Good Writer? Here’s Why You Get Rejected Anyway
Rejection from publishers is something that virtually every good writer will experience in their career at some point. In fact, some professional writers acquire so many rejection letters could paper their walls with them. It’s difficult not to get discouraged by these personally hurtful little pieces of mail. But rest assured: Rejection letters often have no bearing on the quality of your writing.
5 reasons a good writer never sees their work in print
#1: Poor publisher fit
A publisher accepts a book only when it fits their catalog well. At the most basic level, this means you have to submit to publishers that produce your manuscript’s genre. Don’t submit a science fiction novel to a romance publisher, for example, no matter how confident you are you’ve written the greatest thing since Star Wars.
#2: Overflow submissions
You also have to explore what the publisher is producing at the current time. The manuscripts a publisher receives vary over given periods. A publisher who publishes biographies, for instance, might get 100 biographies one year and 1,000 the next. If the publisher has an overflow of a certain type of work, then it can be much pickier about what manuscripts it selects to meet the publishing goals. Your odds of having an agent or publisher select your manuscript go down as a result. Publishers may even announce that they are no longer accepting submissions within the genre that has the overflow.
The simple solution is to do a bit of research prior to submitting your proposal package to the publisher. Look on their website or use resources such as Writer’s Market to determine the types of titles and plots the publisher has put out recently. Then analyze whether your manuscript fits one or more of the publisher’s immediate production needs. You need to be able to show that your manuscript fits what the publisher is doing and thus prove marketability. At the same time, you also need to be able to show how your manuscript has fresh ideas.
#3: Quitting too soon
Some publishers reject a good writer not because of improper publisher/genre/manuscript matching, but because the writer quits working when they write the last chapter of the text. They construct a so-so query letter that doesn’t catch the editor’s eye, has basic grammar or spelling errors, and that doesn’t truly summarize the plot or the author’s experience. No query letter can be completely cookie cutter because ideally, you should customize each query letter to the publisher you send it to. But every query letter needs to prove your competence. It also must have an excellent hook and flawless presentation. As you try to promote your work, don’t make the mistake of judging the manuscript on the editor’s behalf within the query. Let the editor decide for himself whether you’ve got a text that could propel you to fame.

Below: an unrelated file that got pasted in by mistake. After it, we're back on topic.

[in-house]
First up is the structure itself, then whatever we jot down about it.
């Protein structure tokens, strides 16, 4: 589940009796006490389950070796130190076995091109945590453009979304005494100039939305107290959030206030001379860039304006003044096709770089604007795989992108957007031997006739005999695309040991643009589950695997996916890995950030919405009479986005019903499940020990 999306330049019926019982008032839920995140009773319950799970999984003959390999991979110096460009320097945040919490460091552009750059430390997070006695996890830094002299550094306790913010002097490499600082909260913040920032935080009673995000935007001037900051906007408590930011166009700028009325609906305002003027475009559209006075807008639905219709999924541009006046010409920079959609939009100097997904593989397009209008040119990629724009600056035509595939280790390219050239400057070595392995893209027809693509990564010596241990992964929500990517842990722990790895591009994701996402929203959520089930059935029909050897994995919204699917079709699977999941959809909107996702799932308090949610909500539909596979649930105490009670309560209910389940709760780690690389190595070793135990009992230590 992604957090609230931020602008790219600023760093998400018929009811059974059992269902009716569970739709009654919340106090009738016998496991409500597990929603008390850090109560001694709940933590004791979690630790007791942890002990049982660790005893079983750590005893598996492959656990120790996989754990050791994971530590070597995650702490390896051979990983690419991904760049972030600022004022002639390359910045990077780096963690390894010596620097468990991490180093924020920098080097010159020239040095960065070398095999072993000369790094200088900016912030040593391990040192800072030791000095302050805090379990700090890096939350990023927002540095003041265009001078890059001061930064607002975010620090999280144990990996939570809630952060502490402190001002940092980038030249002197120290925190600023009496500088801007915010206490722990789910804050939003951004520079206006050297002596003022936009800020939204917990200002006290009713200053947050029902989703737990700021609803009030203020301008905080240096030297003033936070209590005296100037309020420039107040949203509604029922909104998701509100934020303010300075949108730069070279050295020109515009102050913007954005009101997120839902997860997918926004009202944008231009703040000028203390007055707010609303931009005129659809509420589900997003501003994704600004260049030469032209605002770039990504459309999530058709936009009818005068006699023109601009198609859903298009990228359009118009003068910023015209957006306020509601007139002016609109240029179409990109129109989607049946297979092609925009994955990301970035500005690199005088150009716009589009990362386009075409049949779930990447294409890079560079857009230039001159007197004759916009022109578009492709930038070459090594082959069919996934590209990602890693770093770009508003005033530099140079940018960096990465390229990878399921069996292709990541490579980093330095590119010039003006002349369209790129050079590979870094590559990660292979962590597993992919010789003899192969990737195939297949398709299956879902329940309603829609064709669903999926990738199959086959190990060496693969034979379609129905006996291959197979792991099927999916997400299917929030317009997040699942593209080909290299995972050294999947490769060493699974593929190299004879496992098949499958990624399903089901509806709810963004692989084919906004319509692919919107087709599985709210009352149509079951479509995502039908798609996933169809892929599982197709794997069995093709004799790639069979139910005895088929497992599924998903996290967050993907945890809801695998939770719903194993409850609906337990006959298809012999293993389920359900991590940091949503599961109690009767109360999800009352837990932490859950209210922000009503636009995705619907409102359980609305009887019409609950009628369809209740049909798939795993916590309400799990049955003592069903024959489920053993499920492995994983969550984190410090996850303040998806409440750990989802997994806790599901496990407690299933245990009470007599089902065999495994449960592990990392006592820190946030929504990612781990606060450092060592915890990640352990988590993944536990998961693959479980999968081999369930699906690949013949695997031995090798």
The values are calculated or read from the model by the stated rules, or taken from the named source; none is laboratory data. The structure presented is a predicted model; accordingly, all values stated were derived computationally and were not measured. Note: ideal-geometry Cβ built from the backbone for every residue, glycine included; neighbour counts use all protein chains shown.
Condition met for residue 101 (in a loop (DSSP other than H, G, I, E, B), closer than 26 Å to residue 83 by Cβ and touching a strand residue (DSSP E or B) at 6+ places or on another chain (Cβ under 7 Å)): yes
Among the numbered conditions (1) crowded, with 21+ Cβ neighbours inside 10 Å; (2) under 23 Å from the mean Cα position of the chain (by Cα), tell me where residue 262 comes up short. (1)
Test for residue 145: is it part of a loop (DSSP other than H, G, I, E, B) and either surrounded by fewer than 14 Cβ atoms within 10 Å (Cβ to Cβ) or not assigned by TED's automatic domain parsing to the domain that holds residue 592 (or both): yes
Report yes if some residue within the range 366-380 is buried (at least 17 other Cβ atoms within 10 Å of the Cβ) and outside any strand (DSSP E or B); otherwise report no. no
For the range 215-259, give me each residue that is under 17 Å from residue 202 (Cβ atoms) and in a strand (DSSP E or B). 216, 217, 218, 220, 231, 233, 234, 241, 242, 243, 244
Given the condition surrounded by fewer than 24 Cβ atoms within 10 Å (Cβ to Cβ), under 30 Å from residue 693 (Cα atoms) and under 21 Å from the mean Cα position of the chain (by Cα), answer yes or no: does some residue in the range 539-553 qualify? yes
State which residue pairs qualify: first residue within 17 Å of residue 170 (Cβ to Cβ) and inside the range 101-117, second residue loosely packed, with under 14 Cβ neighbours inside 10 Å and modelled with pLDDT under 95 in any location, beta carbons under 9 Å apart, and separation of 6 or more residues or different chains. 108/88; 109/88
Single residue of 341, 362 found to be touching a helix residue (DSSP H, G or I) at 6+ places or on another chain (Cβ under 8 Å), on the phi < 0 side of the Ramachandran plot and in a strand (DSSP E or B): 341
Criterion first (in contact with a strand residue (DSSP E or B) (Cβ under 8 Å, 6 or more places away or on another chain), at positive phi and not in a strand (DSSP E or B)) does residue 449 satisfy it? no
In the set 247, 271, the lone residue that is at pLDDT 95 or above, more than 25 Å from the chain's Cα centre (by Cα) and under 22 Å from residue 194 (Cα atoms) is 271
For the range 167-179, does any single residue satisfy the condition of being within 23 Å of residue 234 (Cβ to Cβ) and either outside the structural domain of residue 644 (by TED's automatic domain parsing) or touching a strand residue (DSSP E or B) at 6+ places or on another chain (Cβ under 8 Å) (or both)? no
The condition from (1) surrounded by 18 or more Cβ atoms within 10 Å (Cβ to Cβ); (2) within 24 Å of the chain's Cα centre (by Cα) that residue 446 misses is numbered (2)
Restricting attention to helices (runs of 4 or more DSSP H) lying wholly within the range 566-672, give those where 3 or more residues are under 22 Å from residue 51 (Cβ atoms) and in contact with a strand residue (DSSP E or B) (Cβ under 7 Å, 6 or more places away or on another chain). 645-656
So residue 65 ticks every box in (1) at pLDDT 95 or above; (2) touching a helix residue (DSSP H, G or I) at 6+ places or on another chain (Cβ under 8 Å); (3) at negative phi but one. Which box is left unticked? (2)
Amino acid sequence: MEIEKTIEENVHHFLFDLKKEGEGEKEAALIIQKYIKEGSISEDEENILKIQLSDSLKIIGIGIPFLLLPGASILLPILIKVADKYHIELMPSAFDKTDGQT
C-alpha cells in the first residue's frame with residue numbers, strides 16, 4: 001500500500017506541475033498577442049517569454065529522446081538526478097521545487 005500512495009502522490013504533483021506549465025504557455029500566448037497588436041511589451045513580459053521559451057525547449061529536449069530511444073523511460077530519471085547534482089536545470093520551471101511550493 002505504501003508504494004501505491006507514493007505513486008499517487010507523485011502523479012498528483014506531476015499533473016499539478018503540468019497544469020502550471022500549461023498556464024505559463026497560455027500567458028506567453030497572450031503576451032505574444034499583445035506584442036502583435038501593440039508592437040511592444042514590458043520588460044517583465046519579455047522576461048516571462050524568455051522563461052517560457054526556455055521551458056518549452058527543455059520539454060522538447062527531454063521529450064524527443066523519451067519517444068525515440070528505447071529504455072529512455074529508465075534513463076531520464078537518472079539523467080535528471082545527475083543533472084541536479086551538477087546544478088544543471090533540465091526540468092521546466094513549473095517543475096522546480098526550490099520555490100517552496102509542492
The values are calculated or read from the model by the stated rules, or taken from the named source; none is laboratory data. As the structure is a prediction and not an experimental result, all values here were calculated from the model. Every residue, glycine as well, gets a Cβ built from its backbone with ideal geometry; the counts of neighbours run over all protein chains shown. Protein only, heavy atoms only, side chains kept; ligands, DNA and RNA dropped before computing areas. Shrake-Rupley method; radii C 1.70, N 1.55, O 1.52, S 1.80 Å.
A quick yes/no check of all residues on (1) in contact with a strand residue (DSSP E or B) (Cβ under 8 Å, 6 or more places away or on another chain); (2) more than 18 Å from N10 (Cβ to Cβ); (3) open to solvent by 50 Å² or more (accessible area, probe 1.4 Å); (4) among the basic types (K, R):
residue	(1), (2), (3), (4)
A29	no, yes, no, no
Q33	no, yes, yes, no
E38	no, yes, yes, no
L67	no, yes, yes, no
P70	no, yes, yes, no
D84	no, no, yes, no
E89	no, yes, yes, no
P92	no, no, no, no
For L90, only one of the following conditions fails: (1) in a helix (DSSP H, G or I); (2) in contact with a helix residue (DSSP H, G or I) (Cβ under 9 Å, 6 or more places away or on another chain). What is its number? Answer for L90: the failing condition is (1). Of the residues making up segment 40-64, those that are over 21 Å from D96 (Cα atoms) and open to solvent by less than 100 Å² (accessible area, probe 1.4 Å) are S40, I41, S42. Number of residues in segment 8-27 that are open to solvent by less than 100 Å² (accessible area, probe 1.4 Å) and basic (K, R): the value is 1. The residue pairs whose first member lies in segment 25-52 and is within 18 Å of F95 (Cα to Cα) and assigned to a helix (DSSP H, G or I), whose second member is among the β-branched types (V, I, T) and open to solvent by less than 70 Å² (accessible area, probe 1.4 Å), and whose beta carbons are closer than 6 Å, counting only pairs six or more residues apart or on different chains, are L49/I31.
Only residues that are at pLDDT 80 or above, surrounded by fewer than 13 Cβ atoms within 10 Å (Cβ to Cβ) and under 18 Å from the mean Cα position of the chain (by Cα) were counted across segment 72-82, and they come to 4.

#4: Not knowing for sure you are a good writer
Agents and publishers sometimes can’t publish great writing because, quite simply, writers don’t take a chance on themselves. For whatever reason, they don’t think what they’ve written will make the cut, or they are afraid of the possible rejection editors can give. Subsequently, they submit nothing and never get to see what they write in print. Meanwhile, less-worthy texts find places on bookstore shelves.
#5: Poor time fit
Publication also can evade amazing writers because the writing isn’t right for the time. For example, modern readers might label people who write in the style of Charles Dickens as too archaic and complex, even though scholars consider Dickens’ work to be classic.
With the right preparation and follow through, your books can hit online and physical stores
Finding solutions to these issues isn’t always easy. But you can do your best to send your manuscript to the publisher most likely to need it. You can customize and perfect your queries. You can get feedback on the manuscript to build your confidence before you submit it. And you can be mindful of the market, researching what sells and what doesn’t. All you have to do is start.